[Wall Street Journal] U.S. Presses China on Technology Rules
BEIJING—U.S. officials and business groups are objecting to a draft Chinese antiterrorism law that they say would enable Beijing to acquire proprietary information or nudge foreign technology companies out of the domestic market.
The proposed law is the latest challenge foreign tech companies face in China in the wake of disclosures about U.S. intelligence-gathering activities and heightened mistrust over cybersecurity between Washington and Beijing. However, the market offers rich rewards; research firm Gartner Inc. estimated in June that organizations in China would spend $140 billion on tech products and services in 2014.
The draft law requires both foreign and domestic telecommunications and Internet service providers to create backdoors in their systems to give Chinese authorities surveillance access, hand over copies of their encryption codes and assist government agencies with decryption when asked, among other provisions. Also, companies would be required to store Chinese users’ data on servers in the Chinese mainland; otherwise, they wouldn’t be allowed to operate in the country.
Business groups and industry insiders say they are worried about the draft law’s scope and whether they are able to carry out its requirements.
“U.S. tech companies will be faced with a very difficult choice because they will have to decide whether they want to stay in China and basically submit to surveillance,” said Robert Atkinson, who heads the Information Technology and Innovation Foundation, a Washington-based think tank.
U.S. officials called on their Chinese counterparts to address the issue in a letter sent earlier in February, according to a U.S. official. The letter was signed by U.S. Secretary of State John Kerry , Treasury Secretary Jacob Lew , Commerce Secretary Penny Pritzker and U.S. Trade Representative Michael Froman, the official said. Chinese officials didn’t respond to requests for comment on Friday.
A number of tech companies with major businesses in China, including Apple Inc. andMicrosoft Corp. , declined to comment. Others such as LinkedIn Inc. and Samsung Electronics Co. didn’t respond to requests for comment.
The law is being reviewed by the Standing Committee of the National People’s Congress, China’s legislature. The broader body is scheduled to convene on Thursday. The committee said on its website this past week that it had included provisions requiring authorities to get permission from Chinese officials before gaining access to citizens’ information through telecom and Internet companies.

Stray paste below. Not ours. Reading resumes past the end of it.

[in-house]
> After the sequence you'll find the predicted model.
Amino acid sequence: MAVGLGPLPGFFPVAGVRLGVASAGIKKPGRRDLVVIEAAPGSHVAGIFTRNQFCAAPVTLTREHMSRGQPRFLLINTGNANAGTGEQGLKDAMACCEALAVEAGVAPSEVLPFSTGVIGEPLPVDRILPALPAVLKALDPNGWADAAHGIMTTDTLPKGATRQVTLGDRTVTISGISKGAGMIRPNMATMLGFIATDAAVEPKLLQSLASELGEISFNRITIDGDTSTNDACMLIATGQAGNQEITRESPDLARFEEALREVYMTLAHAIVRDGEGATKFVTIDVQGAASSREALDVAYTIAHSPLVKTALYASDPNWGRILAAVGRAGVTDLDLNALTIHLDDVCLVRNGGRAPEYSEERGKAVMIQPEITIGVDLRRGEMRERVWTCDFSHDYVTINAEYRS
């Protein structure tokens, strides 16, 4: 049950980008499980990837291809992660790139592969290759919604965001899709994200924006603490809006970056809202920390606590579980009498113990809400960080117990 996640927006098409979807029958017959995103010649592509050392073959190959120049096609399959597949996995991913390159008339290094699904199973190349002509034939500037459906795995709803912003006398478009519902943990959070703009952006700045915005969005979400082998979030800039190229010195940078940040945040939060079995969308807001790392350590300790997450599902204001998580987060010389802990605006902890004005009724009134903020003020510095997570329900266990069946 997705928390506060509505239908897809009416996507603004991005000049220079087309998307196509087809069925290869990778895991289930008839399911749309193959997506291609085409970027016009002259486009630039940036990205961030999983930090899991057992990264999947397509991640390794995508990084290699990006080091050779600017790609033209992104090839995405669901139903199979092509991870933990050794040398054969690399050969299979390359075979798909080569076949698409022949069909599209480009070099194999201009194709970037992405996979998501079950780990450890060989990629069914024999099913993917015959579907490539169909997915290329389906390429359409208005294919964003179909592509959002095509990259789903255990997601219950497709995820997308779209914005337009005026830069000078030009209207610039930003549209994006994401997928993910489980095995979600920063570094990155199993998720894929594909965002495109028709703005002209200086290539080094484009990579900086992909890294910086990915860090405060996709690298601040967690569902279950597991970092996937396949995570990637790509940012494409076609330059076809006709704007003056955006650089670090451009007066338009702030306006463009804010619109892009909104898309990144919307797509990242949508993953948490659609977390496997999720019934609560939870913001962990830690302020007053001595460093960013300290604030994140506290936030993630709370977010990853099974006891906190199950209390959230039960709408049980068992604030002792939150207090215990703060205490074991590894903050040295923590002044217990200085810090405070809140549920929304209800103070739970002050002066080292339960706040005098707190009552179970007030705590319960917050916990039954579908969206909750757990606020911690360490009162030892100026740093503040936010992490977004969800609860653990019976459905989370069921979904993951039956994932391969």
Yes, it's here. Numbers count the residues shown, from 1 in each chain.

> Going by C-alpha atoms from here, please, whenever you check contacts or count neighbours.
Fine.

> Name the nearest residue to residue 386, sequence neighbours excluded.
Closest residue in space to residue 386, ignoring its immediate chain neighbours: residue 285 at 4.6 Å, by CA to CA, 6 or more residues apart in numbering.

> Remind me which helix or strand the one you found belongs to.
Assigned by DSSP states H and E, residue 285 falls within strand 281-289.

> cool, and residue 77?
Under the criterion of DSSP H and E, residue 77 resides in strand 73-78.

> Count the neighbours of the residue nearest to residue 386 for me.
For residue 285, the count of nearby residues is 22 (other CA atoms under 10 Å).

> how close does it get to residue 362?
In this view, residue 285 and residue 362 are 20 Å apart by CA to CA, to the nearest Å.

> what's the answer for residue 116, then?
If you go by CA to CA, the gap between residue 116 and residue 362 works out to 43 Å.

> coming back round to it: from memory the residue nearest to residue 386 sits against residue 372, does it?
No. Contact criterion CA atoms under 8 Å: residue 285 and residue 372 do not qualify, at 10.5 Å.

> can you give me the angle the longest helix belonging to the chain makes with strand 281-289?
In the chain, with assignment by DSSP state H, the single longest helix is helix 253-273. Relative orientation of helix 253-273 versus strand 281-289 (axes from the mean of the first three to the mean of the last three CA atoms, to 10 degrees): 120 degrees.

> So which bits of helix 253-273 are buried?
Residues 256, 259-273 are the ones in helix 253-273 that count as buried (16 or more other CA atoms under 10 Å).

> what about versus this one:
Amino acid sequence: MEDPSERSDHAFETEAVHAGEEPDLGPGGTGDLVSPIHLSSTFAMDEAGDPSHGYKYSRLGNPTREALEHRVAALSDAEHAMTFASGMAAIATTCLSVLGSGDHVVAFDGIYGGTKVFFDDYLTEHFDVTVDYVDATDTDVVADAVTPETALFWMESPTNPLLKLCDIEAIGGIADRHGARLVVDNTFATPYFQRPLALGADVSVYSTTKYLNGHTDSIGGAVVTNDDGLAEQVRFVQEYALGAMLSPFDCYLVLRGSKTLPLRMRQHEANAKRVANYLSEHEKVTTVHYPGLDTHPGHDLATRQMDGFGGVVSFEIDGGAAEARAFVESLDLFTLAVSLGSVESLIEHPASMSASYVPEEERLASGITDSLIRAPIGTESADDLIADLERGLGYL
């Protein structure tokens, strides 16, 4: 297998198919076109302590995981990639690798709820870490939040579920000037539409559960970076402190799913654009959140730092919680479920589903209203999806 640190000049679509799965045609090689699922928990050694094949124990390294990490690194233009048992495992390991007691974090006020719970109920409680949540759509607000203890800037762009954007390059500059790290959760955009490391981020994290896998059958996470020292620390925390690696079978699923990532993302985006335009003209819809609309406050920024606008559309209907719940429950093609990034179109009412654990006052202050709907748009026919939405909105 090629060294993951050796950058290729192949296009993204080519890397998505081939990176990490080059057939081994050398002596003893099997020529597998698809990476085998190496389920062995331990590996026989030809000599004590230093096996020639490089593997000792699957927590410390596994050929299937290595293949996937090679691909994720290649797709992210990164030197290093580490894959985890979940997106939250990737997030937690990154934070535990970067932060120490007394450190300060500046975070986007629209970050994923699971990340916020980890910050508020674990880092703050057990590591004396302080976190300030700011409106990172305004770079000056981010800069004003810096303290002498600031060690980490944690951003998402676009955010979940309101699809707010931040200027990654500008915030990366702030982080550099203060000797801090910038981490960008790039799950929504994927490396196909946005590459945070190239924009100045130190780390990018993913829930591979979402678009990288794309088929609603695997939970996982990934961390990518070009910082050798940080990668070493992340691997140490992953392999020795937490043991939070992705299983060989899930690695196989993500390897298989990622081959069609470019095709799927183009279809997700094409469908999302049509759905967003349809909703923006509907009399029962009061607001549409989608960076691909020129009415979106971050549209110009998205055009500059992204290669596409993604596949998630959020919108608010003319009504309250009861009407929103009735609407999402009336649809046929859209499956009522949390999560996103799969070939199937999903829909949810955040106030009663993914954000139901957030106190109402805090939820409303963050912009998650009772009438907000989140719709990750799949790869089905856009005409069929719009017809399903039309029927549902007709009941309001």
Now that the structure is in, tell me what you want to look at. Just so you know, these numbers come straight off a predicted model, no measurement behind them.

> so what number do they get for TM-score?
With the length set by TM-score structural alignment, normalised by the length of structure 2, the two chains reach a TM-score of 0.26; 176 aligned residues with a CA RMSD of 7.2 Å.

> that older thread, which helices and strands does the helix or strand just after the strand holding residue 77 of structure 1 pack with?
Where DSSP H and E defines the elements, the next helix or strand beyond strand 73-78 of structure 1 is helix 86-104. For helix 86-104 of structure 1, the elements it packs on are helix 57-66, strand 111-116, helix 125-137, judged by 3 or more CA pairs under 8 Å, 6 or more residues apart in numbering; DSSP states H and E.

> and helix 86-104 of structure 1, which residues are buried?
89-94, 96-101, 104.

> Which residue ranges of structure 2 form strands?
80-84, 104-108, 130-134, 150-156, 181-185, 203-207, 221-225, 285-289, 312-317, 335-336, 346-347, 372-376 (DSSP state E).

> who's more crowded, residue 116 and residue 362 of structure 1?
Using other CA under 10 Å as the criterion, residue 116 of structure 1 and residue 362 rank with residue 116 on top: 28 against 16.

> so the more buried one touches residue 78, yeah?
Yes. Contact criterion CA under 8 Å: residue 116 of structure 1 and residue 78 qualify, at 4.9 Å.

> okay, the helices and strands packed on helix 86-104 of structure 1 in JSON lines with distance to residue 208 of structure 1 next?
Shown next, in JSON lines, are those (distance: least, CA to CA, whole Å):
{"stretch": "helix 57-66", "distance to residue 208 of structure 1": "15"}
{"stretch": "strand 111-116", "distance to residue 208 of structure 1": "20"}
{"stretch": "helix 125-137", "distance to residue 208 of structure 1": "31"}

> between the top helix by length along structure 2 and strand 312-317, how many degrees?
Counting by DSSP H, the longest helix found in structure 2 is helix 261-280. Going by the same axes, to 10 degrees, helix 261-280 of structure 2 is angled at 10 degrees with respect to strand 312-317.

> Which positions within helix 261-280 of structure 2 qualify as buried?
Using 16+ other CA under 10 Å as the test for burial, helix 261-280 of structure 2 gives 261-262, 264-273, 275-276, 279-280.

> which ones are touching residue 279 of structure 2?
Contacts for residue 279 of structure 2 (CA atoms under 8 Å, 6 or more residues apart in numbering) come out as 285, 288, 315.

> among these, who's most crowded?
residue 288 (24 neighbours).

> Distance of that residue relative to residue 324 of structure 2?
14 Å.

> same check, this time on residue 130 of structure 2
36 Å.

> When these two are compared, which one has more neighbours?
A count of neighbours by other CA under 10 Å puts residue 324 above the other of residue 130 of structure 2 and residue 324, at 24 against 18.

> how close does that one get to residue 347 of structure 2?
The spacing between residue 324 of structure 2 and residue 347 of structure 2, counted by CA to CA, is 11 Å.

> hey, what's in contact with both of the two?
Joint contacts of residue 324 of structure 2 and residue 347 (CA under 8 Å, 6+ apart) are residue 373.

The draft law is among a number of measures U.S. officials and business groups say could hurt them in the Chinese tech market. They are also protesting rules proposed for the Chinese banking industry that U.S. and European business groups say would require them to turn over proprietary technology and are overly intrusive. On Friday Mr. Froman, the U.S. trade representative, criticized the banking rules as violating China’s trade obligations. China’s banking regulator has said it would listen to all sides before enacting the rules.
Industry experts say broader worries about cybersecurity have hit companies ranging from Cisco Systems Inc. to International Business Machines Corp. They follow disclosures by former U.S. National Security Agency contractor Edward Snowden that U.S. intelligence officials have used U.S.-made gear for surveillance activities. China, which says it has been a victim of hacking, has pushed to develop domestic alternatives in areas ranging from servers to semiconductors.
Chinese authorities have been on high alert for terror threats after dozens were killed in a series of attacks last year, mostly related to a sporadically violent separatist movement based in China’s western region of Xinjiang. The draft legislation covers a wide range of areas the government says is necessary to strengthen the ability of its security apparatus to respond to and prevent attacks.
The tech industry faces similar scrutiny elsewhere, including in the U.S. The Obama administration has criticized U.S. tech firms for offering encrypting communications that can’t be unscrambled.
Tech firms hope Beijing might strike a better balance between national security demands and the need for an environment that is still conducive to business, said Erin Ennis, senior vice president of the US-China Business Council.
“Certainly, there are legitimate national security issues that any government should be protecting, but you can’t think that you’re acting in a vacuum where the measures that you do can solely focus on national security,” Ms. Ennis said. “People have to be able to trust that the products that they are using are secure.”
Industry insiders say requirements that companies store all data for Chinese users in China would be challenging to carry out given the amount of data. The requirement that companies hand over encryption keys also raises thorny questions for both companies and network security providers, they say.
China’s encryption source code demands raise the question of whether U.S. firms would be violating U.S. regulations on the exports of strong encryption, Mr. Atkinson said.
“It’s not just about human rights advocates in the U.S. decrying profit hungry U.S. technology companies. It’s whether U.S. law and regulations can even allow this,” he said.
Zunyou Zhou, a counterterrorism law expert at the Max Planck Institute in Germany, said China needs technological measures to combat terrorism more effectively, but they should be combined with strong oversight to prevent abuses.
—Eva Dou and Josh Chin contributed to this article.
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